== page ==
Coco Chanel once quipped that “after 40 nobody is young, but one can be irresistible at any age.” But, until recently, we weren’t seeing anyone with delicate wrinkles appearing in the media… And certainly no celebration of the fact that older women are cool too. It was almost as if our favourite leading ladies were disappearing off the radar once they hit forty…
But, thankfully, we’ve witnessed the stirrings of change in recent years, with the Chanel’s sentiment finally having caught on (better late than never!), as fashion brands seem to be moving towards a somewhat older group of models. At 80 years old, author Joan Didion was announced as the new face of Céline… And she certainly isn’t the first older woman to have been chosen as a big brand ambassador.
She joins other older models Jane Fonda and Helen Mirren for L’Oreal (despite Helen’s recent admission that their moisturizer “probably does f*** all” but that she wears whatever makes her feel better) , Charlotte Rampling for Nars lipstick, Joni Mitchell for Saint Laurent, Lauren Hutton being revealed as the new face of Calvin Klein lingerie in April this year, and Julia Roberts continuing as the face of Lancôme. But that doesn’t mean these models aren’t feeling the pressure:
The majority of women want to look good, regardless of age… I am 53 and simply want to look healthy, stylish and modern, not younger. And I want to be relevant, even with my wrinkles. We are important role models to younger women, and I love looking to older women who are leading the way. Finally, some brands are talking to me, but it took them a long time to catch on to the power of the silver spend.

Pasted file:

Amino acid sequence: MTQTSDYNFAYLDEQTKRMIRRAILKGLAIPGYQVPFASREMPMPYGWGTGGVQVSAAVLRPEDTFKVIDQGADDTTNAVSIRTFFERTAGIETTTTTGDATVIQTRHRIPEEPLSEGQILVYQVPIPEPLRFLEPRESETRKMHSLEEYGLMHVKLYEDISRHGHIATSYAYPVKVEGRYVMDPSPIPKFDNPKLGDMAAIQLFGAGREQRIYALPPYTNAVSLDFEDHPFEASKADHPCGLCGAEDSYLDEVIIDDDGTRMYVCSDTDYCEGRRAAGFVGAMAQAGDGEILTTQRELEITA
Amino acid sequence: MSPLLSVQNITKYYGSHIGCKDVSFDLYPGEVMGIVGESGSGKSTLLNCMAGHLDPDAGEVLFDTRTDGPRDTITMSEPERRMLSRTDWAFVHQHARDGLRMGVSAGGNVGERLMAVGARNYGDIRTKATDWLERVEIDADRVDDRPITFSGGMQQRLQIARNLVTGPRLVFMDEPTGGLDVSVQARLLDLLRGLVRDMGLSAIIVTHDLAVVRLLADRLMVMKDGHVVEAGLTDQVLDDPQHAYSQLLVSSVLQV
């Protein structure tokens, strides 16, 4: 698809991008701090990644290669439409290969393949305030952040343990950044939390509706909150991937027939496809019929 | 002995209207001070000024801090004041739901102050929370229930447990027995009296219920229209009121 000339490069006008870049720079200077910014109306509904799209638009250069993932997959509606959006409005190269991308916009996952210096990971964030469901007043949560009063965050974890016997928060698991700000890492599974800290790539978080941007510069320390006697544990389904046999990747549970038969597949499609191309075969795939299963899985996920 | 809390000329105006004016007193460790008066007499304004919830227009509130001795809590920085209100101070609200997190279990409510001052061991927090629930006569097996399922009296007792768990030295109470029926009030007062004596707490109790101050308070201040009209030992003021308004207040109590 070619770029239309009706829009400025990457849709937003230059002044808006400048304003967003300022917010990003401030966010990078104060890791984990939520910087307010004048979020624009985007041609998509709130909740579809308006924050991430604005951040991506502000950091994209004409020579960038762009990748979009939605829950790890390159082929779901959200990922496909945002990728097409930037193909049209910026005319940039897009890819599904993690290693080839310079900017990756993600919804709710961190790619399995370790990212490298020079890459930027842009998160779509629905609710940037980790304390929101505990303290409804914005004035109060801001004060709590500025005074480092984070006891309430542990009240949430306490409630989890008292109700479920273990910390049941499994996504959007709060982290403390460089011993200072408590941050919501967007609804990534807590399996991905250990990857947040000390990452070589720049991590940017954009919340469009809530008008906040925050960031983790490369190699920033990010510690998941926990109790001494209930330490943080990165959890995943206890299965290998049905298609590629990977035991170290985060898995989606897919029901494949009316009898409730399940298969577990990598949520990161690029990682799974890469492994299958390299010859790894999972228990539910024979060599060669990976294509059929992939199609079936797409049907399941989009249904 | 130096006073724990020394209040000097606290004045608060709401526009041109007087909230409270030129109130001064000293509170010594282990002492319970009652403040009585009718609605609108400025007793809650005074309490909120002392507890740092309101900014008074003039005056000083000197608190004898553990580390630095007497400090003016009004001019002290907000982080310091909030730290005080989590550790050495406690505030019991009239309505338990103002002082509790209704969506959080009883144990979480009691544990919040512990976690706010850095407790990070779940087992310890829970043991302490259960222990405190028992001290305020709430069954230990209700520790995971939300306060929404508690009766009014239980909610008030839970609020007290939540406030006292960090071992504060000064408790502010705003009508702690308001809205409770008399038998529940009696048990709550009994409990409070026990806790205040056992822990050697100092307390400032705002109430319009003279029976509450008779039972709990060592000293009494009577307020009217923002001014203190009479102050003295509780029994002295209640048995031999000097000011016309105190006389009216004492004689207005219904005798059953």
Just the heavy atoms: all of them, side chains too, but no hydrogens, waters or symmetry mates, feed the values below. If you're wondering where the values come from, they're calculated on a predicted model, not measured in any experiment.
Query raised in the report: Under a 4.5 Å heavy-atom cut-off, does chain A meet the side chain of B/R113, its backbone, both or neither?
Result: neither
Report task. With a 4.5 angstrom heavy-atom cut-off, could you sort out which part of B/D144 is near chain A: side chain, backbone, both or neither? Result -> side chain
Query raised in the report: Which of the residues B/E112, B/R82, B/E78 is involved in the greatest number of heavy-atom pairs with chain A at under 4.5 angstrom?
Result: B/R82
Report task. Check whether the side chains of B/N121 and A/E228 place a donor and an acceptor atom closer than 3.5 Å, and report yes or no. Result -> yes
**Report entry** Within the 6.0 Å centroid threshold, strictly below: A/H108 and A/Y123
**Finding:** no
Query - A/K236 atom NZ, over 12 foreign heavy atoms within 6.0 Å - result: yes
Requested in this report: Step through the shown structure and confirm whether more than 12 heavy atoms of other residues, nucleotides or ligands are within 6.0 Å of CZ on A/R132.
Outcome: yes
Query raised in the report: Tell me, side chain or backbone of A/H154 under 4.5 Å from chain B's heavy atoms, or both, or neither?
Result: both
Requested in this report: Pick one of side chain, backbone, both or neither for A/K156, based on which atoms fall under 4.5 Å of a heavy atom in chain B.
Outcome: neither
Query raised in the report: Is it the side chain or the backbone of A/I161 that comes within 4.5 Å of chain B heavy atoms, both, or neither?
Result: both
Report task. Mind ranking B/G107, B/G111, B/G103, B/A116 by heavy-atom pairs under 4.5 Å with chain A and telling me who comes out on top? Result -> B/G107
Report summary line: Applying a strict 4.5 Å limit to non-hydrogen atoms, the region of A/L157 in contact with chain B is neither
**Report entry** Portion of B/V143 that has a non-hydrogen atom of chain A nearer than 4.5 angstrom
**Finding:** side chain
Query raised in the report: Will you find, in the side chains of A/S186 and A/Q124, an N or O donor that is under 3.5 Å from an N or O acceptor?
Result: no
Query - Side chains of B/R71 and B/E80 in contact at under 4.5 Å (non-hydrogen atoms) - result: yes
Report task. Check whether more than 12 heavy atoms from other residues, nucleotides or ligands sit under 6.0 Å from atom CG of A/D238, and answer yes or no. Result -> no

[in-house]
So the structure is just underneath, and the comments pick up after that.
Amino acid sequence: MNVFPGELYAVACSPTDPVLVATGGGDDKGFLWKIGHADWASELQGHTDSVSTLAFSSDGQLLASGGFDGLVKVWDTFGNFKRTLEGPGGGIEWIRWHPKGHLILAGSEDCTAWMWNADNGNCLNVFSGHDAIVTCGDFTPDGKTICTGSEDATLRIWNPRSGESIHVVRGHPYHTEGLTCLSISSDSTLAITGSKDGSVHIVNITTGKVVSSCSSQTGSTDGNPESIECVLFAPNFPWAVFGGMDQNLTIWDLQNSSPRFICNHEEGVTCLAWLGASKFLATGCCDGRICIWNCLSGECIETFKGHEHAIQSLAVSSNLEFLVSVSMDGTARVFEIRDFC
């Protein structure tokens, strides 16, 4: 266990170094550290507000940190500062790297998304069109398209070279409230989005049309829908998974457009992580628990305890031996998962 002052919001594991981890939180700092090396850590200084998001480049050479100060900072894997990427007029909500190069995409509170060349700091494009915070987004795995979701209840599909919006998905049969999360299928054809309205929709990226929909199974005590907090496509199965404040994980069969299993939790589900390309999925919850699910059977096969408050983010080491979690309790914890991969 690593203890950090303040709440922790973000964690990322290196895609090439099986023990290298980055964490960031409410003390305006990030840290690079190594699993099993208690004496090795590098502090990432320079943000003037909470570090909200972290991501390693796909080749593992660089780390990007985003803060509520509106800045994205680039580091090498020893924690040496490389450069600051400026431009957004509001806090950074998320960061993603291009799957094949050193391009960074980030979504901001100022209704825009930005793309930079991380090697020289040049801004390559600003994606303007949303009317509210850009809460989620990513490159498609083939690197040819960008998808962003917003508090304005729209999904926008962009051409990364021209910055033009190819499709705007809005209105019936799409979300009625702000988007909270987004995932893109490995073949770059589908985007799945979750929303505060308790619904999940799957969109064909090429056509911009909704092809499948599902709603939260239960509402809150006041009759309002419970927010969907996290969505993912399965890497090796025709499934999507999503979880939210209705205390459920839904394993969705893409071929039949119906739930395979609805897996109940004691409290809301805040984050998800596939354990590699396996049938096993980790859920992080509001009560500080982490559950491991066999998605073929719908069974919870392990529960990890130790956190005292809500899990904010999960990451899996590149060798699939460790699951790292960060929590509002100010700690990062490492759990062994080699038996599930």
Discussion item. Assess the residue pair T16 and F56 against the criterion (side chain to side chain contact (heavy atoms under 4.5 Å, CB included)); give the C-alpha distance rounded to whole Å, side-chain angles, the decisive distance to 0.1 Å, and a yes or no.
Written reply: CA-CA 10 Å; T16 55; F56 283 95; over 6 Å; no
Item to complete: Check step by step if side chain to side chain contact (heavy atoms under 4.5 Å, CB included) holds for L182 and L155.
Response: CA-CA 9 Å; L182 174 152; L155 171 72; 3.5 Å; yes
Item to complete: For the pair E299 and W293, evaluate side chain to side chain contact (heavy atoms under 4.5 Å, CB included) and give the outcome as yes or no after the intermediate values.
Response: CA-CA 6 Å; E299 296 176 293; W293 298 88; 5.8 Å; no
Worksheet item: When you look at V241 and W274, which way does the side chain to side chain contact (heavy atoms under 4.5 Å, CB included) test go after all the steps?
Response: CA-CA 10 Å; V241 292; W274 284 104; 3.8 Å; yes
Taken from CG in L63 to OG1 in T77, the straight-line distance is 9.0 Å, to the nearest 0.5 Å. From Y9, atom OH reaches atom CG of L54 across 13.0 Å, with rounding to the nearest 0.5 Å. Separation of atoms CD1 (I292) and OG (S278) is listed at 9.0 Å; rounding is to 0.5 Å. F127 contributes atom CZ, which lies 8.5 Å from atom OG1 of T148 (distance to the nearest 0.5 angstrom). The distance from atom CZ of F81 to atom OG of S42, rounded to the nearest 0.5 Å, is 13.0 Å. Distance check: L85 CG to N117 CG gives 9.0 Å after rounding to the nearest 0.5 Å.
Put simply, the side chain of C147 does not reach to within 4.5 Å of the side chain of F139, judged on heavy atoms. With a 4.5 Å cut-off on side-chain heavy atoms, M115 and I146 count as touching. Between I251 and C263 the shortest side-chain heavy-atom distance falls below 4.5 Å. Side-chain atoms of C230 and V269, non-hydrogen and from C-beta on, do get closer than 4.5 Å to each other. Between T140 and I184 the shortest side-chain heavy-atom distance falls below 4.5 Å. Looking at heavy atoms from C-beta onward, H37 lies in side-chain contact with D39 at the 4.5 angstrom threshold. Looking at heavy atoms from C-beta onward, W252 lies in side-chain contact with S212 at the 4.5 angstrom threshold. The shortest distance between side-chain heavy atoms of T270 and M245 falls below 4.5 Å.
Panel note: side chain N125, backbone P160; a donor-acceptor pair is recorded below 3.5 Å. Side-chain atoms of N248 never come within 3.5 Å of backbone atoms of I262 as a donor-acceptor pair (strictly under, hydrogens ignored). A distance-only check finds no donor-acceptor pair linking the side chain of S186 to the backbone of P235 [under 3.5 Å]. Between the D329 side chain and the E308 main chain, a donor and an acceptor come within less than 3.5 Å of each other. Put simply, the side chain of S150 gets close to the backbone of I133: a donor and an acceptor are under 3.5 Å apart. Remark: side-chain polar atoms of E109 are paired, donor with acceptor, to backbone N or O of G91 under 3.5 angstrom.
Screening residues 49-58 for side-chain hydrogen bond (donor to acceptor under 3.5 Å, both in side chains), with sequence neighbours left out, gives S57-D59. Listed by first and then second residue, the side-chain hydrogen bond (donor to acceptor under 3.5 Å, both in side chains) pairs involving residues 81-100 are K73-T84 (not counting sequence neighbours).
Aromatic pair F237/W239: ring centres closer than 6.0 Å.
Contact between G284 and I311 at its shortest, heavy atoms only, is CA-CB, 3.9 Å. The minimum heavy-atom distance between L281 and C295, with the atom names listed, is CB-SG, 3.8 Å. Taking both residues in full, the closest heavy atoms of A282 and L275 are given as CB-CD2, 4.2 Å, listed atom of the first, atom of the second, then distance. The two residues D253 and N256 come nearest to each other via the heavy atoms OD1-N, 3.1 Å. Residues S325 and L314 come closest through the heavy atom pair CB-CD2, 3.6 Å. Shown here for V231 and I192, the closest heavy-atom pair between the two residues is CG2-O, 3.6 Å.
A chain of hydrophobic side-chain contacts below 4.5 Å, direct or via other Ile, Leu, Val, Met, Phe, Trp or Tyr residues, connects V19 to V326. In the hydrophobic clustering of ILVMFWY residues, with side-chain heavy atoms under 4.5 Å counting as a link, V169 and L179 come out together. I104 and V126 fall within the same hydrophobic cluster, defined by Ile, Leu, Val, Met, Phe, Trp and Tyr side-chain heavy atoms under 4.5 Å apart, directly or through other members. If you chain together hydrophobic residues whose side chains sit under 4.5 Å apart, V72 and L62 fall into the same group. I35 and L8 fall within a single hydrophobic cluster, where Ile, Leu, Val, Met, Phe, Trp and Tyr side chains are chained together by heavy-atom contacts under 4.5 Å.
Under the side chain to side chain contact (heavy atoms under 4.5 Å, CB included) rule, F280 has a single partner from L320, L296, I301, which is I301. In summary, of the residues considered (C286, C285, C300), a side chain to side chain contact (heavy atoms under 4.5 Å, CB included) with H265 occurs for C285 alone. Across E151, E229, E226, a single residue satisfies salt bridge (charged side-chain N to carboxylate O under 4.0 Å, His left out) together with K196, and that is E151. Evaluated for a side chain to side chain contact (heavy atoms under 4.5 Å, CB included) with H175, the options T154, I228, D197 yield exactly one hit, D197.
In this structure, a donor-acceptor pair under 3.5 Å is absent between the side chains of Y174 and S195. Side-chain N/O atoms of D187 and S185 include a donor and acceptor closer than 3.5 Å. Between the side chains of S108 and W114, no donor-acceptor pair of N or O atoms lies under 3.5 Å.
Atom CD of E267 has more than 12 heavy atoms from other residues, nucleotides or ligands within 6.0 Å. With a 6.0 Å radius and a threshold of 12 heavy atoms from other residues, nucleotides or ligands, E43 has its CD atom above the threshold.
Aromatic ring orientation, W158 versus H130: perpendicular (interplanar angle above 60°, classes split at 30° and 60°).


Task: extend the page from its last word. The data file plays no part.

With that in mind, and starting with this issue, we are making a resolution to stop using the term “anti-aging.” Whether we know it or not, we’re subtly reinforcing the message that aging is a condition we need to battle — think antianxiety meds, antivirus software, or antifungal spray.
This also brings into question what it means to be beautiful for the modern woman. For older models, it’s still important to have an element of aspiration: they must be exceptional looking – fit and healthy with glossy hair and clear eyes. Brands might not mind wrinkles as much these days, which is great… But if we’re to encourage real beauty perhaps we need to look to even more diversity in models.
I would still like to see advertising and marketing shift towards a proposition built on a wider set of values than purely appearance, particularly in that older market. I am slowly seeing a shift where marketeers are recognising attributes and achievements of individuals rather than just the way they look. By the age of 50, we have lived for a sizeable amount of time and most of us have had some incredible and interesting experiences, which mean so much more than sublimely coiffed grey hair.